English, IELTS, EAP

A good IELTS score is key to getting you into your chosen university so it is crucial that you do not underestimate the importance of attending English classes and committing time to continually improving your English

  • About
  • Meet the Director of Studies
  • How to pass your IELTS exam

St Andrew’s College, Cambridge has been welcoming students from all over the world for the last 20 years. We understand the challenges of studying in a second language and a new academic environment and offer a range of English support classes to help prepare you for success at university. The type and number of support classes you have will depend on your level of English when you start at the college. This will change as your level increases.

The Importance of IELTS

It is paramount that international students do not underestimate the importance of their English classes. The more competent you become in English, the more you will understand in your academic classes and this will hopefully lead you to better academic results. Remember that all good universities will require an IELTS score of 6.5 as an entry requirement and some may request a higher score. If you are committed to attending lessons and to doing additional study in your own time as well as immersing yourself in English as much as possible, you can expect to improve your score by 0.5 every 3 months.

IELTS stands for the International English Language Testing System. It is now the most commonly used formal assessment of English and is required for Tier 4 General visa applications to enter the UK to study. IELTS has 9 bands that identify levels of proficiency in English. The lowest band is 1 (non-user) going up to 9 (expert). For our A Level and Foundation Courses, we require a starting level of 5 (modest user) for courses starting in September.

EAP is English for Academic Purposes. It teaches students to use language appropriately for study normally in a higher education setting such as university.

Jo is the Director of Studies for ESL at St Andrew’s.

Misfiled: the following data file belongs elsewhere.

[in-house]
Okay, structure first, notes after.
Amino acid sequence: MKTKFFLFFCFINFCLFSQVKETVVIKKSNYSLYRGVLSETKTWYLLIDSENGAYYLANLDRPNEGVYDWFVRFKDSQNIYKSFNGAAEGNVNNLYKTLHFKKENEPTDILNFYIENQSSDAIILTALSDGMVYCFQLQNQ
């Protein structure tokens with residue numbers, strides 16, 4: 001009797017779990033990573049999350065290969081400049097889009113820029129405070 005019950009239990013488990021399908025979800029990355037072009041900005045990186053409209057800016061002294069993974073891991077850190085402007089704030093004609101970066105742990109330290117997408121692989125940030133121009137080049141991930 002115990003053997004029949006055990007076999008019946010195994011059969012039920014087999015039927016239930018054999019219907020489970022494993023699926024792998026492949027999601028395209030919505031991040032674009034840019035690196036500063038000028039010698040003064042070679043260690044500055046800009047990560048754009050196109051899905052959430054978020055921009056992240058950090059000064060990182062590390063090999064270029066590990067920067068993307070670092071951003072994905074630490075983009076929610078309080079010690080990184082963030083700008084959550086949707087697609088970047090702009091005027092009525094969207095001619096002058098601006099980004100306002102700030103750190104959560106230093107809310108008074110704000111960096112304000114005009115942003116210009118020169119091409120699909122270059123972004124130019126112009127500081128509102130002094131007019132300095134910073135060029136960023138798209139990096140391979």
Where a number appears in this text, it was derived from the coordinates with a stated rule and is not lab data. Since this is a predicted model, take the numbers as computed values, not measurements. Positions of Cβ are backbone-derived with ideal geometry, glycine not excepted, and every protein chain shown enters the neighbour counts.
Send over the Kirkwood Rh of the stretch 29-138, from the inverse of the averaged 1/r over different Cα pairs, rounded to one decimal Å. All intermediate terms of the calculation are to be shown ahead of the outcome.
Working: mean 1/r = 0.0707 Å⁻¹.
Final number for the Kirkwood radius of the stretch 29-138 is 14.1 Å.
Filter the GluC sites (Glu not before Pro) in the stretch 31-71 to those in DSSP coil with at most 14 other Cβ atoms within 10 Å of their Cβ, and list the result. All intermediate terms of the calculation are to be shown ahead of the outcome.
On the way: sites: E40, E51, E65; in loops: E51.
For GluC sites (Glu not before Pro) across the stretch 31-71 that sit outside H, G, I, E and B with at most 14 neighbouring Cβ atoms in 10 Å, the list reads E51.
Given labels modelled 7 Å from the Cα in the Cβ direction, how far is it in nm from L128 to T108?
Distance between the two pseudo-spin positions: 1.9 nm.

About Jo

Jo has been teaching English since 2006. In addition to Cambridge she has lived and worked in Bath, Brighton, Edinburgh, Prague and Bratislava, as well as teaching on short courses in various places in Austria, Poland, Bulgaria, Italy, Serbia and Japan. Through this she has gained a wide range of teaching and management experience which she uses in her current role.

Jo grew up in Bristol and then studied Russian Studies at the University of Sheffield, spending a year living in St Petersburg and Moscow as part of the course. Having worked and studied abroad herself, Jo is aware of what it is like to live in another country and can offer advice to students on this.

To develop her teaching and management career, Jo completed the Cambridge DELTA (Diploma in Teaching English to Speakers of Other Languages) in 2011, and the English UK DELTM (Diploma in English Language Teaching Management) in 2016.

How Jo can help you

In addition to teaching IELTS classes, Jo is available to offer students advice and help preparing for the exam. Along with our experienced IELTS teaching team, Jo arranges the following support.

  • Regular IELTS classes taught in small groups
  • Additional group and one-to-one IELTS classes for students requiring extra support.
  • A monthly IELTS newsletter with advice about studying for the exam. This includes self-study information as well as topic and skills focus.
  • A vocabulary app. We regularly update our college class on Quizlet to help students study topic-based vocabulary in their own time.
  • Testing every half term. This gives students exam practice and helps us to plan future lessons to support students’ specific needs.
  • Tutorials every half term. Each student discusses their progress with their IELTS teacher and sets objectives for the next half term.
  • Drop in sessions. These are twice a week and give students the opportunity to get further support with their IELTS.
  • Assistance booking IELTS exams
  • English Testing for future students
  • An IELTS handbook with information and advice about the IELTS exam and the support offered in the college.
  • Our EAP course is designed for students who have already reached the entry requirements for their chosen university. The classes will help you to develop the language and study skills you need to follow a degree course at a UK university